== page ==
- Noodle, a prominent online program management company, announced Thursday that it has acquired Hubble Studios, a South Africa-based company that helps develop online education content and technology.
- The companies did not disclose the terms of the deal. The OPM says the acquisition will help the company tap into the international market and bring it dozens of new corporate clients looking to upskill their workers, including Johnson & Johnson and the World Bank.
- Noodle is retaining all of Hubble Studios’ roughly 50 employees under the deal. Hubble Studios’ chief executive, Hannes Geldenhuys, is becoming Noodle's senior vice president of international. Hubble Studios' chief academic officer, Chelsey Pienaar, is becoming Noodle's managing director for learning.
Noodle bills itself as an alternative to traditional OPM companies, which often help colleges launch and manage online programs in exchange for a cut of their revenue, roughly between 40% and 60%. Noodle, on the other hand, is largely known for offering fee-for-service arrangements for degree programs.
The company said it first started working with Hubble Studios in 2021. Together, they are building more than 100 courses for clients including Yale University’s nursing school, Butler University and the New England College of Optometry, according to the announcement.
With the acquisition, Noodle now has contracts with more than 40 universities and 30 corporations across the globe.
“The acquisition underscores and strengthens Noodle’s commitment to building world-class online learning design that is affordable for our partners and modernizes teaching and learning,” Noodle CEO John Katzman said in a statement.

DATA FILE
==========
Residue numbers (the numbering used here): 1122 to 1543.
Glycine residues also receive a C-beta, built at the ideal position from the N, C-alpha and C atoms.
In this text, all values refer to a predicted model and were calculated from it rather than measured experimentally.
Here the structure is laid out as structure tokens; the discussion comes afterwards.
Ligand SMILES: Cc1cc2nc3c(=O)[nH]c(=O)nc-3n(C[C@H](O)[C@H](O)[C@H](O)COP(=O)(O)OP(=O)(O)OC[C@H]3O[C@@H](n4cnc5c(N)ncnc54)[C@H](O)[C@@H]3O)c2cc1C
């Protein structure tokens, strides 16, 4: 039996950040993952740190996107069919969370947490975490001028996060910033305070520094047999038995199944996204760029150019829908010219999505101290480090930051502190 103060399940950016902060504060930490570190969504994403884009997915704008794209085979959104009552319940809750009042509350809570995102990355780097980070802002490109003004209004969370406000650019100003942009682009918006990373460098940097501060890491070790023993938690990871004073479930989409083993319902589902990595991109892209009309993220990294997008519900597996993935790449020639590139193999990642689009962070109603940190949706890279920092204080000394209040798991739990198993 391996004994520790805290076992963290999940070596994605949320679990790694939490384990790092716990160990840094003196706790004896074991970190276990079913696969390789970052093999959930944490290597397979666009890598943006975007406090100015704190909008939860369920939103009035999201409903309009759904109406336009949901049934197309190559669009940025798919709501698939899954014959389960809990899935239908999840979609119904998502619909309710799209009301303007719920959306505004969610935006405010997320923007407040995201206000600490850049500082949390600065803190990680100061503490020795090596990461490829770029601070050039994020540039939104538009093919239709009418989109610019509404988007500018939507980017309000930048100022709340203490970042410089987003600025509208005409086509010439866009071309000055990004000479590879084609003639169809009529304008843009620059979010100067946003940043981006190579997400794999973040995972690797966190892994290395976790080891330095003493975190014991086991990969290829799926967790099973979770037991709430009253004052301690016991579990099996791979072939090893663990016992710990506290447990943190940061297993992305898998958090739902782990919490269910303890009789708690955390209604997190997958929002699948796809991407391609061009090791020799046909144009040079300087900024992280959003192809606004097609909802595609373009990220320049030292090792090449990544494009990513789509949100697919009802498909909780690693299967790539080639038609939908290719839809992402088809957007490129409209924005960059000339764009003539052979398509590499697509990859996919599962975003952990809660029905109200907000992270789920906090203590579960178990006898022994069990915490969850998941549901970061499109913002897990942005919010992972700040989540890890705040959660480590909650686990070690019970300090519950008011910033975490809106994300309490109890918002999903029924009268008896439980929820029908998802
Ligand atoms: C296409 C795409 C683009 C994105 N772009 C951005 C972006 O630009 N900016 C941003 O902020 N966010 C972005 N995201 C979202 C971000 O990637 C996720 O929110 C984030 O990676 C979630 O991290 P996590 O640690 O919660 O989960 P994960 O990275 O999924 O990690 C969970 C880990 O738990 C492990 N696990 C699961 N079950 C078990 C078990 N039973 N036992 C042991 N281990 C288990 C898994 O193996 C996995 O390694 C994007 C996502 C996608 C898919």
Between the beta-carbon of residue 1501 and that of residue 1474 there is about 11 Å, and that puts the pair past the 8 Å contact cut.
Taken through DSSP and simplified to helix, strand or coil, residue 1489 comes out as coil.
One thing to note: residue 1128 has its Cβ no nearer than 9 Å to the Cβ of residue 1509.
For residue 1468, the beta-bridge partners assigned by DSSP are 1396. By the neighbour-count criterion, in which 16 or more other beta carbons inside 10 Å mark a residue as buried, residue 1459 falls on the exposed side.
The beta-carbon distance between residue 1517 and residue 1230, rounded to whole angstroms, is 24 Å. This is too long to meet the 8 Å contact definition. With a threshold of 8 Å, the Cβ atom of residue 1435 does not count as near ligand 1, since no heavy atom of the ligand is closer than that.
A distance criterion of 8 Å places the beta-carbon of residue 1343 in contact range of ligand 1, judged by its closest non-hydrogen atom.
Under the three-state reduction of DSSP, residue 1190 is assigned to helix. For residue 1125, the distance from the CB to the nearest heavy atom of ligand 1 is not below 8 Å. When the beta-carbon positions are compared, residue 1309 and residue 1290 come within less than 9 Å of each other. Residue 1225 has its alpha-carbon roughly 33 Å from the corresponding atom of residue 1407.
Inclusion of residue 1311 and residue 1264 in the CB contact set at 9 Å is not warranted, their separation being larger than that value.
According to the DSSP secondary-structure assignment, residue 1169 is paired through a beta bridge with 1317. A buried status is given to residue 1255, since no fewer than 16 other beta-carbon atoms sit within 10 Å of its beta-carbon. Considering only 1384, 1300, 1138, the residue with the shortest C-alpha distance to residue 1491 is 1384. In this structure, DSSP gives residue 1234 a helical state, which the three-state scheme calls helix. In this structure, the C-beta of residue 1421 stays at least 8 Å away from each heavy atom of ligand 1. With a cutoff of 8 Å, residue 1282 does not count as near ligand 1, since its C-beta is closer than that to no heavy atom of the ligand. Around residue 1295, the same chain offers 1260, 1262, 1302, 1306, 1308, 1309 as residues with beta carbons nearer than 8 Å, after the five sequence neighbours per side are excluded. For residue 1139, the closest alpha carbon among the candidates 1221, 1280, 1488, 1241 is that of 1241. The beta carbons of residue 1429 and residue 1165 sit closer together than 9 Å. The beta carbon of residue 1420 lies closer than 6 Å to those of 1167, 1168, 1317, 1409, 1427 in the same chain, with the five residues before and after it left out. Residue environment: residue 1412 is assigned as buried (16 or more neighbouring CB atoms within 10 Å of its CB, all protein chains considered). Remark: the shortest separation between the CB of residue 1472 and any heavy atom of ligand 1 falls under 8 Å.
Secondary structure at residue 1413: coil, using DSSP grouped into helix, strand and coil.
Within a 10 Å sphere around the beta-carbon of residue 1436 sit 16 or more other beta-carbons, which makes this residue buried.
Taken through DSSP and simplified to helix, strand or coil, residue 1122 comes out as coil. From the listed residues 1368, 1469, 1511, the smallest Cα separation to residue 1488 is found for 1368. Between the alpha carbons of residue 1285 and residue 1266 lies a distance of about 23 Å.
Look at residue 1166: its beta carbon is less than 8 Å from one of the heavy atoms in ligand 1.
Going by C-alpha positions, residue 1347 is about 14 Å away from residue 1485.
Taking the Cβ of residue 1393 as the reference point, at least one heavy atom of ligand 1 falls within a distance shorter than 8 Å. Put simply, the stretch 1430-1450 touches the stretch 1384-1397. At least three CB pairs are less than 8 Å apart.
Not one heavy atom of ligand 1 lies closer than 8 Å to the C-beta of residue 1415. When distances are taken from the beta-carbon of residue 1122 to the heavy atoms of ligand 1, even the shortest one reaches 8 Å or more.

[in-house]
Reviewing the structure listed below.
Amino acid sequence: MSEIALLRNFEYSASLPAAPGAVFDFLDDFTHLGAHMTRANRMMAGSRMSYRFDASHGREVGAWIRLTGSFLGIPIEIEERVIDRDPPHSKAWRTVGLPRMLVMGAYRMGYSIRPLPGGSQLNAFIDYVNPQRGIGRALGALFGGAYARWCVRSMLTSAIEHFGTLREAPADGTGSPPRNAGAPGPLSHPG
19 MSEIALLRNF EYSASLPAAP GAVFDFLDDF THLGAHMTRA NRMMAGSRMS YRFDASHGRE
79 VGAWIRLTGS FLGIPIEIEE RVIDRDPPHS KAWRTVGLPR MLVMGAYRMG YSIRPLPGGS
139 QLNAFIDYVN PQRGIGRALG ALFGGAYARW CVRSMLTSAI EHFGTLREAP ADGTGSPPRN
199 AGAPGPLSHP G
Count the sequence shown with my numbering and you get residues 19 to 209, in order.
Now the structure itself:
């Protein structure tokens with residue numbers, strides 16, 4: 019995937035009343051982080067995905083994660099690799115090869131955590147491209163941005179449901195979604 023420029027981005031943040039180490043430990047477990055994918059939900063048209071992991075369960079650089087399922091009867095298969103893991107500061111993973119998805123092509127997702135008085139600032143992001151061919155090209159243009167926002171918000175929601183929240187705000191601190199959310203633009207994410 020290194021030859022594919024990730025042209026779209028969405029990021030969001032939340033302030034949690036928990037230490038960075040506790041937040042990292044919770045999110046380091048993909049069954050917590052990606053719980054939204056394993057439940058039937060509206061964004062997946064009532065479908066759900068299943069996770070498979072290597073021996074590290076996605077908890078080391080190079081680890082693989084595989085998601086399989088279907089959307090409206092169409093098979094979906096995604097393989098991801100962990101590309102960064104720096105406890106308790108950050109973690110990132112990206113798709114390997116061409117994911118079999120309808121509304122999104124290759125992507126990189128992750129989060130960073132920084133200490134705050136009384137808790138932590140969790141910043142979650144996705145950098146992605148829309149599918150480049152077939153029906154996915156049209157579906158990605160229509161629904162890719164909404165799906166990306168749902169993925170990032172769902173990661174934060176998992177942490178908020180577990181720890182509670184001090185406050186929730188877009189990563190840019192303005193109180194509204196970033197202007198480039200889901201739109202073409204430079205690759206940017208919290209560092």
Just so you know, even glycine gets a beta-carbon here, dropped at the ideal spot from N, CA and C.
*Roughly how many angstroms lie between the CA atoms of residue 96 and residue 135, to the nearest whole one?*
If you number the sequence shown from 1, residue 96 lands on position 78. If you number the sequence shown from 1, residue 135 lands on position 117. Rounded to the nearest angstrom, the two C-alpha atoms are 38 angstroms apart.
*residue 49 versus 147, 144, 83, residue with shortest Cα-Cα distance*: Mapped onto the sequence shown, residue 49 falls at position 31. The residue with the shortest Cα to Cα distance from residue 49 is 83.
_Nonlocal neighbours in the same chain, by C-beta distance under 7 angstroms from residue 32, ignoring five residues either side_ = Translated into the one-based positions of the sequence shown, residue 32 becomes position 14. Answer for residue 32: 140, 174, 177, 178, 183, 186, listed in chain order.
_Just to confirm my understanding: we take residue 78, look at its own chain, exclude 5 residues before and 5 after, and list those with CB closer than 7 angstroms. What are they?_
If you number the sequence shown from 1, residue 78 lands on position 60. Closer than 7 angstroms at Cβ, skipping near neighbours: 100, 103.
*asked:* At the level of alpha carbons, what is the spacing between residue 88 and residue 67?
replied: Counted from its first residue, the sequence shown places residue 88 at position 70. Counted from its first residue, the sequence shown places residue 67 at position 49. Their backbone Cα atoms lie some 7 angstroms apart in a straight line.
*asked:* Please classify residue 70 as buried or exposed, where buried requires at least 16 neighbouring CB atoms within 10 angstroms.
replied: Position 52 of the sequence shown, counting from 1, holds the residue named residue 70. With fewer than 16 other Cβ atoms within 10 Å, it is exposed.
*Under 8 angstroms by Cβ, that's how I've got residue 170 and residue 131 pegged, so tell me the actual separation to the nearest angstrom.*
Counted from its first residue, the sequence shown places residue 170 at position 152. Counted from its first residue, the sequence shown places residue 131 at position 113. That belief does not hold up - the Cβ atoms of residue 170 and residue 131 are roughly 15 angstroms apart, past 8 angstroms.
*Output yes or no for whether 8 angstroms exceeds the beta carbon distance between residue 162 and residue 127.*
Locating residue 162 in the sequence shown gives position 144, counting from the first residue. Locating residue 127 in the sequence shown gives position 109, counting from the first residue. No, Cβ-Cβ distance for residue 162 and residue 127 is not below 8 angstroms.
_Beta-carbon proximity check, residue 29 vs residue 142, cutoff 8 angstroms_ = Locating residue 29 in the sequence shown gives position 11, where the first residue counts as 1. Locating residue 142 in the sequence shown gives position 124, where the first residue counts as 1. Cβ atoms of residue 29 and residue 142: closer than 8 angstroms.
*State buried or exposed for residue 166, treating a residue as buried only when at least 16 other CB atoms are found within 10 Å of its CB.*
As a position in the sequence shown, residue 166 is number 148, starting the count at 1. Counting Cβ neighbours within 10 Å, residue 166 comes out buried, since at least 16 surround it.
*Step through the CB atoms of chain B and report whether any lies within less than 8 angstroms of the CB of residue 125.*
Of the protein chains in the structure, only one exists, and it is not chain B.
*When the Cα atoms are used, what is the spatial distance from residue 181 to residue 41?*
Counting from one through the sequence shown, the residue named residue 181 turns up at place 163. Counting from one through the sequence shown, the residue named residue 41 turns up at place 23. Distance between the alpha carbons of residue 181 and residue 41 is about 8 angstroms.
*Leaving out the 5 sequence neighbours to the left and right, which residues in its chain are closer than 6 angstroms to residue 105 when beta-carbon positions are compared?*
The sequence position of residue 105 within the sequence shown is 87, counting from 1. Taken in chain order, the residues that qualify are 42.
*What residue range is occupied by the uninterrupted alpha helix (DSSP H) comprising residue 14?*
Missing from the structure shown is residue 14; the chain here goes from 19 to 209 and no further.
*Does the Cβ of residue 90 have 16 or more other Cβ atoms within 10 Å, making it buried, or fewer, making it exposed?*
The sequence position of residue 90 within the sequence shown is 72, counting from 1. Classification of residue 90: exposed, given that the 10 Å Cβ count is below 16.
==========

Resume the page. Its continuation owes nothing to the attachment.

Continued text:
Noodle has traditionally outsourced some of the services it provides colleges to third-party companies. However, the new deal is helping Noodle continue a larger effort to bring more of those offerings in house, including marketing, enrollment and student support, according to the announcement.
The acquisition comes about two years after Noodle announced it was buying the key assets of HotChalk, an OPM that faced backlash when one of its biggest clients, Concordia University Portland, shuttered in 2020 due to financial difficulties.
Local reporting blamed the closure on the OPM’s revenue-share deal with the college, though HotChalk later sued the university's parent institution, alleging it is owed money for breach of contract and other allegations.
Through the deal, Noodle took over the online programs HotChalk helped run, including those offered at New York University’s education school, EdSurge reported. Noodle also said at the time that it was having conversations to move the programs from revenue-share agreements to fee-for-service contracts, according to Inside Higher Ed.
Lee Bradshaw, Noodle’s chief strategy officer, said in an email Wednesday that those transitions are “in progress,” adding that the partnerships are “very complex with dozens of work streams.”